Trump has talked about a woman in her 60’s, a veteran, who was raped and murdered by illegal aliens. But leaving the impression that Trump was a rapist, despite denying it, impeaches his testimony about illegal alien rapists.

    Do you see how this work? Alinsky would be proud.

    Years ago, James Randi did a TV show that exposed Filipino psychic surgeons as frauds and exposed how they did their tricks with chicken parts. The net result was that the TV station was flooded with calls from people seeking psychic surgery.

  34. expat Says:

    Here is an interesting take from Powerline, especiall the letter from Tom McClintock at the end:
    http://www.powerlineblog.com/archives/2015/09/what-next-for-the-house-take-2.php

    It seems to me that many of the “true conservatives” have an issue of the day that they use to condemn all but their favored candidate. The big picture seems unimportant, as do steps to move in a new direction. It has to be all or nothing, meaning the lefties win.

    Take for example the issue of abortion: From what I have read, pro-life attitudes are increasing. Right now we have Roe vs. Wade, so the question becomes how do we change it. How do we use the PP body-selling scandal to change the way people think. Do we chip away at support for late-term abortions and in so doing force people who were former ardent abortion supporters to think about what it means, or do we try to force the whole issue now when we perhaps force abortion supporters more firmly into that camp? Without changing minds, we will still have abortions, just as we had illegal abortions previously. Without changing the outlook of girls and women to the value of life, we will continue this fight forever. But if we can combine this issue with the problems of unmarried parenthood and its effect on children, perhaps we can get a lot of people to think differently about the responsibilties of parenthood and make better decisions about their lives, including pregnancy and abortion.

    There are so many issues now that we can use to get through to former leftist supporters. Black Lives Matter is another. But we have to use these issues intelligently to chip away at loyalties. Standing up and preaching to our own choir is probably not the best way. We have to try to create more changers and allow them some time to deal with their own cognitve dissonance. I don’t think screaming is the best way.

    I like what Paul Ryan is doing by going out to inner city groups to find allies on specific issues. This has much more potential for getting our thoughts into local arenas.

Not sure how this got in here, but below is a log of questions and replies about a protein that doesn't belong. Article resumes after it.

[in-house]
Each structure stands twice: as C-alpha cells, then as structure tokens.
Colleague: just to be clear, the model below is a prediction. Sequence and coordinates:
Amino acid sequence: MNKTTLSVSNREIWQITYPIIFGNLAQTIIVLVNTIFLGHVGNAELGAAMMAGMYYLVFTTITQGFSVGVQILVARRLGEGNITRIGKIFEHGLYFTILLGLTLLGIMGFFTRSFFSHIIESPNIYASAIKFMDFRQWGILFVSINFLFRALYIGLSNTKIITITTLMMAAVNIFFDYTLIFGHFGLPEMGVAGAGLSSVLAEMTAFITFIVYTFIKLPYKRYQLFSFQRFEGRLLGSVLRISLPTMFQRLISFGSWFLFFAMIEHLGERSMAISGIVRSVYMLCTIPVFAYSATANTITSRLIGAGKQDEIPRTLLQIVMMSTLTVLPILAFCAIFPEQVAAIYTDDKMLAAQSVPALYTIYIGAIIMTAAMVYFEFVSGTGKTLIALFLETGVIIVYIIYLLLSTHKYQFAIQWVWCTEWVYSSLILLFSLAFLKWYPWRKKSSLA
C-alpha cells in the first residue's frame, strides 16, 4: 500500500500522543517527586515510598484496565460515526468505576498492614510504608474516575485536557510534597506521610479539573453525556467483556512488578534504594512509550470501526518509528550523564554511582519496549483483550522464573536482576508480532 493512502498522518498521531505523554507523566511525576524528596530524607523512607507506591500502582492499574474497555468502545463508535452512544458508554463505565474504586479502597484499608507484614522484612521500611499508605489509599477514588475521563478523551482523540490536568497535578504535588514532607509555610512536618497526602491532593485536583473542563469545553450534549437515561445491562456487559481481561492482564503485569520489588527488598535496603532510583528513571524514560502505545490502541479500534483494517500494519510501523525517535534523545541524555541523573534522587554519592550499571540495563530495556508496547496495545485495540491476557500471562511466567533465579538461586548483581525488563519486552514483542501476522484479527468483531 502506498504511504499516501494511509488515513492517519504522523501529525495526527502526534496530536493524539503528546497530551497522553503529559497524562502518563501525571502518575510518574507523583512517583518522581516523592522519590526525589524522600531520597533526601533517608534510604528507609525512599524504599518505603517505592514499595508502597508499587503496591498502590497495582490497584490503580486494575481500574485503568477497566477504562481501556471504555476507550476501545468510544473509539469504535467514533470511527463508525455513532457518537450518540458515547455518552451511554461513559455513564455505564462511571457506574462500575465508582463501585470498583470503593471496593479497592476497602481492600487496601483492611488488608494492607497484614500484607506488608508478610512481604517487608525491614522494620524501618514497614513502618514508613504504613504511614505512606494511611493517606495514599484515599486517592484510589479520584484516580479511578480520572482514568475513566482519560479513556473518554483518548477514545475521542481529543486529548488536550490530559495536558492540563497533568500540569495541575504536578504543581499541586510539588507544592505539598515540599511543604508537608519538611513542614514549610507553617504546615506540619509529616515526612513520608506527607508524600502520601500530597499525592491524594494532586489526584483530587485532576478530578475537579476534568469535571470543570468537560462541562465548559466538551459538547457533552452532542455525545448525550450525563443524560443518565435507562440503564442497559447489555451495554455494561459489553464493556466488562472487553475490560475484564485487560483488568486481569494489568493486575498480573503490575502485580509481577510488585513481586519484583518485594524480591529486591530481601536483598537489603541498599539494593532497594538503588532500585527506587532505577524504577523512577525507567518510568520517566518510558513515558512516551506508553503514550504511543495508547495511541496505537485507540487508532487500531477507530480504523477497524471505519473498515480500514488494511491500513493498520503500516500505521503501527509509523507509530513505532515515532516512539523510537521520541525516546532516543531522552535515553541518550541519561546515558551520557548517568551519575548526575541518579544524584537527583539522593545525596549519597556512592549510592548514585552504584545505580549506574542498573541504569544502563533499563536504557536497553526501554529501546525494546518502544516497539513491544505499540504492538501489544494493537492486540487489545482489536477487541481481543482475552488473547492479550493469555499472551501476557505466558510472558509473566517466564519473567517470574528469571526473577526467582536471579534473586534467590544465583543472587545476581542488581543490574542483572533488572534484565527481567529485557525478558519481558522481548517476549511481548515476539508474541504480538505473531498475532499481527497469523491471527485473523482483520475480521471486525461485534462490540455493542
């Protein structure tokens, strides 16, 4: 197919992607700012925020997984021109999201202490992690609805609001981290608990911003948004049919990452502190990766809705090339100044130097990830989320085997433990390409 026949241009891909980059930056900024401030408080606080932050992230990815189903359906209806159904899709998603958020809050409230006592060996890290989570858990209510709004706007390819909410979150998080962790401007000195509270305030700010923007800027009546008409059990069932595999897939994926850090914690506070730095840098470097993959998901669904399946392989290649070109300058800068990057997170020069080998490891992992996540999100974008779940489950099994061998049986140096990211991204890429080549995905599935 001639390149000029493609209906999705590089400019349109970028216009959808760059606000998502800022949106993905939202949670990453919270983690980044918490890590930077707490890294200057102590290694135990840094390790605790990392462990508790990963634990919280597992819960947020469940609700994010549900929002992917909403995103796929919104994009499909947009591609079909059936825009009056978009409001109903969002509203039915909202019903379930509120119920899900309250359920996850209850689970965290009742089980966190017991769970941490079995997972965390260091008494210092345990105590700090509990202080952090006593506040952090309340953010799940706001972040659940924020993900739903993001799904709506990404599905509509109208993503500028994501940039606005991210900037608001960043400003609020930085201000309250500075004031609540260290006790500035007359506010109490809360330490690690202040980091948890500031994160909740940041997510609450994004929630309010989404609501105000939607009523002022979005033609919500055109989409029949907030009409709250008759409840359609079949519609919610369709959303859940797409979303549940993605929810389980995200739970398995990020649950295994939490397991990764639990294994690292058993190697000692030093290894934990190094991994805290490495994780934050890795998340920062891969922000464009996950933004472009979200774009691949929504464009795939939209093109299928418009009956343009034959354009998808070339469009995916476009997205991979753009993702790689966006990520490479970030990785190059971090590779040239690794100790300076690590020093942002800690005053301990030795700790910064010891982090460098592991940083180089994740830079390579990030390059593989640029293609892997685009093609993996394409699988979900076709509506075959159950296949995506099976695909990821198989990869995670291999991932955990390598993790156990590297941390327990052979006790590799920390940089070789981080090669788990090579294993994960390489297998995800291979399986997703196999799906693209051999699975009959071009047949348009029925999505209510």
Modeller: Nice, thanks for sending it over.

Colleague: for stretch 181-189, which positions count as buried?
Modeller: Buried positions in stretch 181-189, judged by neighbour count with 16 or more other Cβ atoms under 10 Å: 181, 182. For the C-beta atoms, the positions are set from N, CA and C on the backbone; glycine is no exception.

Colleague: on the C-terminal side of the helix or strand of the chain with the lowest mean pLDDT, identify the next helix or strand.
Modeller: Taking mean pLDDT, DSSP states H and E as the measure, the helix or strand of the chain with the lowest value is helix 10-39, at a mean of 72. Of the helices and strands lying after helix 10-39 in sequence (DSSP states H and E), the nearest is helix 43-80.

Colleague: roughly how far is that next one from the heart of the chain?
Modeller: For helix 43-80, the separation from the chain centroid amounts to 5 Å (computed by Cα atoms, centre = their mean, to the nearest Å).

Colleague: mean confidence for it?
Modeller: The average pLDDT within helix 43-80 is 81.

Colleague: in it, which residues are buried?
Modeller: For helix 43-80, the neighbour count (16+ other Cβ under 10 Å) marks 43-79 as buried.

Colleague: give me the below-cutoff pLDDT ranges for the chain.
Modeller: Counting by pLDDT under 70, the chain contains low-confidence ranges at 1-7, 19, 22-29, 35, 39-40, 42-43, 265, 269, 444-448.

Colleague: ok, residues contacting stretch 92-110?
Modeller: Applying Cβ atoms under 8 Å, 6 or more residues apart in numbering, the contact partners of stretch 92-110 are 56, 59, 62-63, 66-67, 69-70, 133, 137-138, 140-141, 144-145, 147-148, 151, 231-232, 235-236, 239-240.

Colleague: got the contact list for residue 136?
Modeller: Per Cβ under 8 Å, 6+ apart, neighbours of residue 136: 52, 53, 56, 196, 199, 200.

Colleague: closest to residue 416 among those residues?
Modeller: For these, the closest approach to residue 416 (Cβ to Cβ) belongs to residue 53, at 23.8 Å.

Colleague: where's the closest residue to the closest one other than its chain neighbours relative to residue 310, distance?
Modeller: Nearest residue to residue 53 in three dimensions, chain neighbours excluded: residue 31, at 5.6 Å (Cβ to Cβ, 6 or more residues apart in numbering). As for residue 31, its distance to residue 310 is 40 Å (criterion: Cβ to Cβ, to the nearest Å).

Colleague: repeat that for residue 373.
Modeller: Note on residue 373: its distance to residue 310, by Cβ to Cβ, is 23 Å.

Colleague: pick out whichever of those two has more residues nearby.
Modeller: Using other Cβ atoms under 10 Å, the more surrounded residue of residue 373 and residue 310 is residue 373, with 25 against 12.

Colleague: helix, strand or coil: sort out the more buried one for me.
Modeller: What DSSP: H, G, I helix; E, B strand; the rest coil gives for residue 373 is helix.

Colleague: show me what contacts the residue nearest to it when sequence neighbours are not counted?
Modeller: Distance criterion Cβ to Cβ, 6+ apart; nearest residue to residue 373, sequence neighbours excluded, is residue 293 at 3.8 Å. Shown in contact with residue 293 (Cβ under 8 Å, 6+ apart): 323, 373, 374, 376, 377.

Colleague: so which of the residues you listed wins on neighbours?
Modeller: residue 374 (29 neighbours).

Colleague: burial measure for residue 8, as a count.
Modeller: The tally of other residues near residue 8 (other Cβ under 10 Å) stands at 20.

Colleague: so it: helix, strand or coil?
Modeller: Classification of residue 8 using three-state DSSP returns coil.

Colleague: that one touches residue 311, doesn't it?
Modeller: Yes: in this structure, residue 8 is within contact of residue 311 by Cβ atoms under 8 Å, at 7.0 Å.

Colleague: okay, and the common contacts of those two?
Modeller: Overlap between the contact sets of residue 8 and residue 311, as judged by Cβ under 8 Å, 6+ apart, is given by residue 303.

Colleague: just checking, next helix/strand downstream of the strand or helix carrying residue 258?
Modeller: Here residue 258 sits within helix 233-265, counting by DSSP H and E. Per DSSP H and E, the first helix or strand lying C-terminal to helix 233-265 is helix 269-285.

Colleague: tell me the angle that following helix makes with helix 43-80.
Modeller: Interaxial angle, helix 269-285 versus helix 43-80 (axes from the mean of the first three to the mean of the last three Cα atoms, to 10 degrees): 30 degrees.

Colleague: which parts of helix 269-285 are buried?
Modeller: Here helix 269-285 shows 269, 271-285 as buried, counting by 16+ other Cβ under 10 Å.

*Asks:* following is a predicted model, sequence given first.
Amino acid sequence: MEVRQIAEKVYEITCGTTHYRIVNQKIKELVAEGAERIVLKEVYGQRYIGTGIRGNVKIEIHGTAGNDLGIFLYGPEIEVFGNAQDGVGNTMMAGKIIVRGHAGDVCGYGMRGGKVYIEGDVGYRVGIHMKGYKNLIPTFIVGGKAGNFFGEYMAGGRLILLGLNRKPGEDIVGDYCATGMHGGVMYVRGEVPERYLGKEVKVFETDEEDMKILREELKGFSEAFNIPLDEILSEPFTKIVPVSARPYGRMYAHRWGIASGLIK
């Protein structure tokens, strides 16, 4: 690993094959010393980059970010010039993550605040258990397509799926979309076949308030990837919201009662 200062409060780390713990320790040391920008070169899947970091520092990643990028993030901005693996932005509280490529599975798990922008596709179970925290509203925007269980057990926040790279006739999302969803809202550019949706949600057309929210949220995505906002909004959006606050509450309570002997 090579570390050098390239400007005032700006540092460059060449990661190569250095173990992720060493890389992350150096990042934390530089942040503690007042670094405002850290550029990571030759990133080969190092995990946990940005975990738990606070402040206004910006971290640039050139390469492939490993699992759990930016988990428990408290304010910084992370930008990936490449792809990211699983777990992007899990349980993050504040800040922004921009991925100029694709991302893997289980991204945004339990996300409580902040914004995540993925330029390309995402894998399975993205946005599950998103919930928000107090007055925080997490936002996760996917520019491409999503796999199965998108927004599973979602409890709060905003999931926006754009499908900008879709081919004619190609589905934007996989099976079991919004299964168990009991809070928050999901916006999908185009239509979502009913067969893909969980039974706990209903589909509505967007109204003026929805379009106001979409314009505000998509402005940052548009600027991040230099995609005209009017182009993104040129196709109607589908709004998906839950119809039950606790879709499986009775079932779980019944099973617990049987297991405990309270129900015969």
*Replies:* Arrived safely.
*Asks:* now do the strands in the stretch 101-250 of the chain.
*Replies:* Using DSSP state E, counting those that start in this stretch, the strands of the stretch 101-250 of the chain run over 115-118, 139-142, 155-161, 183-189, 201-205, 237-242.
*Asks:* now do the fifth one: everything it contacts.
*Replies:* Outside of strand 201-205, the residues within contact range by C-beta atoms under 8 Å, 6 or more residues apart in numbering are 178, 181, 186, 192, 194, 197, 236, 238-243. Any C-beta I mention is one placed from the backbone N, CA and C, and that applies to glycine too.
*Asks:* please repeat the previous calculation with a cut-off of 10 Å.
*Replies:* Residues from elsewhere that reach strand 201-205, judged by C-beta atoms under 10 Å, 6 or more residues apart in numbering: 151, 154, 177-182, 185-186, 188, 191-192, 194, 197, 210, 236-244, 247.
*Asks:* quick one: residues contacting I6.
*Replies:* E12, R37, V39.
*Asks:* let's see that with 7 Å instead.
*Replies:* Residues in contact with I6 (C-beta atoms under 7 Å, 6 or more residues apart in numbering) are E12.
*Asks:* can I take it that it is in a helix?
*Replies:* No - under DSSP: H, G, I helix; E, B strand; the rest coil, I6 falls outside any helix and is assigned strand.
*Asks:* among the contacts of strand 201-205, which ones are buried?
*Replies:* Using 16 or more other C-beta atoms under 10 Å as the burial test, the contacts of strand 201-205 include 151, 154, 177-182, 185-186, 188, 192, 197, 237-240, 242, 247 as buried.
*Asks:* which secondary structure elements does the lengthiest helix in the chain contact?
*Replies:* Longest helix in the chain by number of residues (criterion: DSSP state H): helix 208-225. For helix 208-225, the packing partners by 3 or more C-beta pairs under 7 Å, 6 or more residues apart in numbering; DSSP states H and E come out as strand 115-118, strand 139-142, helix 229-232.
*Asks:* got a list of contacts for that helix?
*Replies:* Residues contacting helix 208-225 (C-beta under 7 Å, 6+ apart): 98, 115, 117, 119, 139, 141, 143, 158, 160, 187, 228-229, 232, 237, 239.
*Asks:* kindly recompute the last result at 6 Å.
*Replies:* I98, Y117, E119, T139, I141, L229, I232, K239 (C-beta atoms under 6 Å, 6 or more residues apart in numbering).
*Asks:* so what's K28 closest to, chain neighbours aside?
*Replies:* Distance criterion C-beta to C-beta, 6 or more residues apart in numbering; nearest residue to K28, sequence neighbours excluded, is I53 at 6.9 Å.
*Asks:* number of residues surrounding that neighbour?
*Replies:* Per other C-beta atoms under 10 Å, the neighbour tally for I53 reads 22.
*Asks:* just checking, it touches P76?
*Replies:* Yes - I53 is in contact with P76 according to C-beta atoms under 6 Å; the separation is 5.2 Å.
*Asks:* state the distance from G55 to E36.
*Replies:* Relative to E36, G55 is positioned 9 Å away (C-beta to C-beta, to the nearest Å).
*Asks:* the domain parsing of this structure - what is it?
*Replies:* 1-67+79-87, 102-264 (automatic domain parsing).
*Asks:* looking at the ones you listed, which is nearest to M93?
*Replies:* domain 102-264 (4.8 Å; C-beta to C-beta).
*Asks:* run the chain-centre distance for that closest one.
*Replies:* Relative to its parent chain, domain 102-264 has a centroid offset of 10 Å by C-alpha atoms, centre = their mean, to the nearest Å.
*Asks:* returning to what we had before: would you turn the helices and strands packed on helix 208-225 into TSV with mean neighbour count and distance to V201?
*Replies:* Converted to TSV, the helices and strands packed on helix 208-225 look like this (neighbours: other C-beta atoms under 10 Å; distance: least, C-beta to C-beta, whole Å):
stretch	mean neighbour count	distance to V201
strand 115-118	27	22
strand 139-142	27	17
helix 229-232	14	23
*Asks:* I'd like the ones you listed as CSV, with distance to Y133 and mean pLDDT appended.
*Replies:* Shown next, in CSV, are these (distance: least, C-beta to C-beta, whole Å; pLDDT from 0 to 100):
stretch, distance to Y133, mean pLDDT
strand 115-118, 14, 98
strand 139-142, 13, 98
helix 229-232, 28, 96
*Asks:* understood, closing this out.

35. PatD Says:

    @neo-neocon Fiorina’s history at HP is not good. The stock price decline compared to Dell and IBM over the same period are a sad testimony. I had a long history as a Hewlett-Packard OEM from the late 70’s to the mid 80’s. They had a corporate culture that was unique. Bill and Dave managed by walking around and asking questions. Insiders say that she destroyed the “HP Way”.

    HP did get caught out by the PC revolution. They slowly righted the ship, but, when Carly came aboard, the PC revolution was over. The next wave was the internet and smart phones.

    Carly went out and bought Compaq, a struggling PC hardware company. Revenue went up, for a while, but profits shrank. Apple zoomed past HP and Dell captured a huge hunk of her PC business.

    As I asked, if she was so good, why wasn’t she hired after HP fired her?

  36. The Other Chuck Says:

    Ymarsakar:
    That’s hard to believe coming from you Chuck, given your previous acclaims of support for the Gaystapo, or rather the homo marriage crowd.

    You are the one who put me in the Gaystapo crowd. People can support the same thing even when they are at odds about most other things. Because I support same sex civil unions does not mean that I support what some call the gay agenda, and neither does Dr. Carson. He is on record as saying that marriage is between a man and a woman, but then goes on to approve of same sex civil unions. That is my position also.

    Carson is a little too religious for my taste, but he is also a very fine moral man with intelligence and grace. Because of my libertarian leanings I don’t agree with him about pot and several other issues. But he is not part of the bought and paid for establishment, showed great courage in confronting Obama in person in a public setting, and has the ability to change the tone of this campaign. I really wish him well. We could do a lot worse, and have.

  37. PatD Says:

    @neo-neocon: What I said was exactly true and confirmed by your transcript.